Open Access

Severe tracheal stenosis due to prolonged tracheostomy tube placement: a case report

Cases Journal20092:7101

https://doi.org/10.4076/1757-1626-2-7101

Received: 7 April 2009

Accepted: 24 August 2009

Published: 18 September 2009

Abstract

Tracheal stenosis is the most common late airway complication of tracheostomy. Severe tracheal stenosis resulted in hemodynamic deterioration and impairment of respiratory system mechanics. We cared for an 86-year-old man with severe tracheal stenosis due to prolonged placement of a tracheostomy tube for 42-months. At the distal tip of the tracheostomy tube, bronchoscopy revealed severe tracheal luminal obstructions by granulation tissue. During pressure-controlled ventilation, the peak airway pressure was much higher than the inspiratory pressure. For patients with clinical signs of tracheal stenosis after tracheotomy, bronchoscopy should be done as early as possible.

Introduction

Severe tracheal stenosis can be life-threatening when critical narrowing of the airway occurs [1, 2]. However, identification of tracheal stenosis may be particularly challenging due to the insidious development and the patient's co-existent severe illness. Fiberoptic bronchoscopy is the gold standard for identification of tracheal stenosis [3]. We recently cared for a patient with severe tracheal stenosis after a tracheostomy in situ for nearly 4 years.

Case presentation

A 86-year-old Han Chinese man had a hypertensive intraventricular hemorrhage on 7 December 2004. He immediately underwent emergency surgical placement of bilateral external ventricular drains under general anesthesia, and was transferred to the intensive care unit (ICU) for mechanical ventilation. After 3 days, a standard surgical tracheostomy was performed because the patient had a short thick neck. A high-volume, low-pressure cuffed tracheostomy tube with an 8.0 mm ID and an 11.0 mm OD was inserted. On 20 December 2004, he was weaned off of ventilatory support. The patient remained deeply comatose and descended into a persistent vegetative state. His stay in the ICU with aggressive nursing measures continued.

On 25 June 2007, the patient had progressive respiratory distress with rapid shallow breathing, while using all accessory muscles of respiration. He had a respiratory rate of 50 breaths.min-1, and a fluctuating arterial oxygen saturation of 70~80% with 10 L.min-1 of supplementary oxygen. The patient was ventilated with the synchronized intermittent mandatory ventilation (SIMV) pressure-controlled mode. The settings were as follows: respiratory rate (RR), 16 breaths/min; inspiratory pressure, 16 cm H2O; inspiratory time, 0.9 second; pressure support (PS), 16 cm H2O; positive end expiratory pressure (PEEP), 3 cm H2O; and FiO2, 0.35. With these settings, the peak airway pressure (PIP) was 19 cm H2O, the exhaled tidal volume was 600 ml, and the arterial blood gas parameters were satisfactory. He was weaned off of mechanical ventilatory support after 9 days. On 14 January 2008, he experienced a similar episode of dyspnea and received intermittent mechanical ventilation for 5-15 d at 1-2 month intervals. The patient's dyspnea worsened progressively, requiring ongoing ventilator dependency, accompanied with PIP, which was gradually increased to 35~45 cm H2O.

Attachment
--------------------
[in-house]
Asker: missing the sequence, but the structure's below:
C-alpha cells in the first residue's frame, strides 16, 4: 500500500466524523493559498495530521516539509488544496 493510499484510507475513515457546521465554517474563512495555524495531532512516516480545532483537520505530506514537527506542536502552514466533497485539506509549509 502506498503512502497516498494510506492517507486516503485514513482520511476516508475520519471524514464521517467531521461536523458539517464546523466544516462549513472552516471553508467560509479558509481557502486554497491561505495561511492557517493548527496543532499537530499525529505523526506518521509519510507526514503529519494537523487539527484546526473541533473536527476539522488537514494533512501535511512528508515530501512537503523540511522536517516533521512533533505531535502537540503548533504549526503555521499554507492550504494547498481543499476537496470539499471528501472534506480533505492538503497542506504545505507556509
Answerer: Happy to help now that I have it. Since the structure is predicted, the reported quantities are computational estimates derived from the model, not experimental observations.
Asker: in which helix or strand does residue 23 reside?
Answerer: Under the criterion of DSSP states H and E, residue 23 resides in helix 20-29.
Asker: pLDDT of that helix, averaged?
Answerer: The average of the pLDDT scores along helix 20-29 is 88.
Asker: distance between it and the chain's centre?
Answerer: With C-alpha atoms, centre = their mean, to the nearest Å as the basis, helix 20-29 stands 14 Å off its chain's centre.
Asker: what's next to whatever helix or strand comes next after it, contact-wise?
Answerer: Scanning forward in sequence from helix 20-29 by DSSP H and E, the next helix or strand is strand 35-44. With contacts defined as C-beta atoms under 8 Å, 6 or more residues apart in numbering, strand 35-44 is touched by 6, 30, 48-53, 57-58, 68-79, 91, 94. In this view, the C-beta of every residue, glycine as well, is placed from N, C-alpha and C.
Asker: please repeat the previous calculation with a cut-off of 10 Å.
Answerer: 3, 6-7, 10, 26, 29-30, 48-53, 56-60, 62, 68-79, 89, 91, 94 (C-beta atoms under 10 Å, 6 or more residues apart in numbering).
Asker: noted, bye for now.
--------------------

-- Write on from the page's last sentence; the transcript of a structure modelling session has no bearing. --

On 24 May 2008, while endotracheal secretions were being suctioned, it became difficult to insert a single-use silicone catheter through the endotracheal tube. The catheter could not be passed, despite instillation of saline to lubricate the catheter and various twisting catheter maneuvers. When disconnecting from the ventilator, the patient's spontaneously breathe showed very low gas flow both inspiration and expiration (SD1). During pressure-controlled ventilation, the PIP sometimes reached 60~80 cm H2O, accompanied with biphasic stridor heard (SD2), an exhaled tidal volume ≤ 200 ml, and CO2 retention (arterial blood gas analysis: pH 7.21, PaCO2 82.0 mm Hg, PaO2 98 mm Hg). The patient was suspected of having tracheal stenosis. On 4 June 2008, bronchoscopy was performed emergently through the tracheostomy tube. At the distal tip of the tracheostomy tube, the bronchoscopy revealed severe tracheal luminal obstruction by granulation tissue (Figure 1). The bronchoscope could not be passed through the stenosed site (5.2 mm OD), therefore the ventilatory settings were changed to volume-controlled mode as follows: tidal volume, 480 ml; RR, 16 breaths.min-1; peak inspiratory rate, 40 L.min-1; PS, 16 cm H2O; and FiO2, 0.35. This mode improved the arterial blood gases values gradually with the PIP ranging between 40 and 55 cm H2O. On 16 June 2008, the patient's daily urine output decreased to < 400 ml (sometimes < 100 ml), while serum creatinine and BUN levels progressively rose to 469 μmol/l and 41.6 mmol/l, respectively. Continuous renal replacement therapy was performed every other day. Therapeutic approaches, such as tracheal sleeve resection and endotracheal tube insertion, were not performed since the patient's authorized guardian declined. The patient died on 18 August 2008.
Figure 1

Typical bronchoscopic photographs showed the tracheal lumen almost completely obstructed during inspiration (panel A) and expiration (panel B) by granulation tissue arising from the posterior wall.

Discussion

Tracheal stenosis is the most common late airway complication of tracheostomy [1]. In the patient presented herein, tracheal stenosis occurred at the site of the tracheostomy tube's distal tip by granulation tissue [4]. There are multiple risk factors associated with tracheal stenosis. Prolonged placement of a tracheostomy tube accounts for 90% of cases [1]; in the patient described herein, the tracheostomy tube was in place for 42 months. Second, the patient coughed up airway secretions and underwent suctioning frequently, which resulted in excessive tube motion and irritation. Third, the patient's short, thick neck made the tracheostomy tube too short, and the tube tip rubbed against the tracheal membranous wall, resulting in injury, granulation tissue formation, and an obstructed tracheal lumen.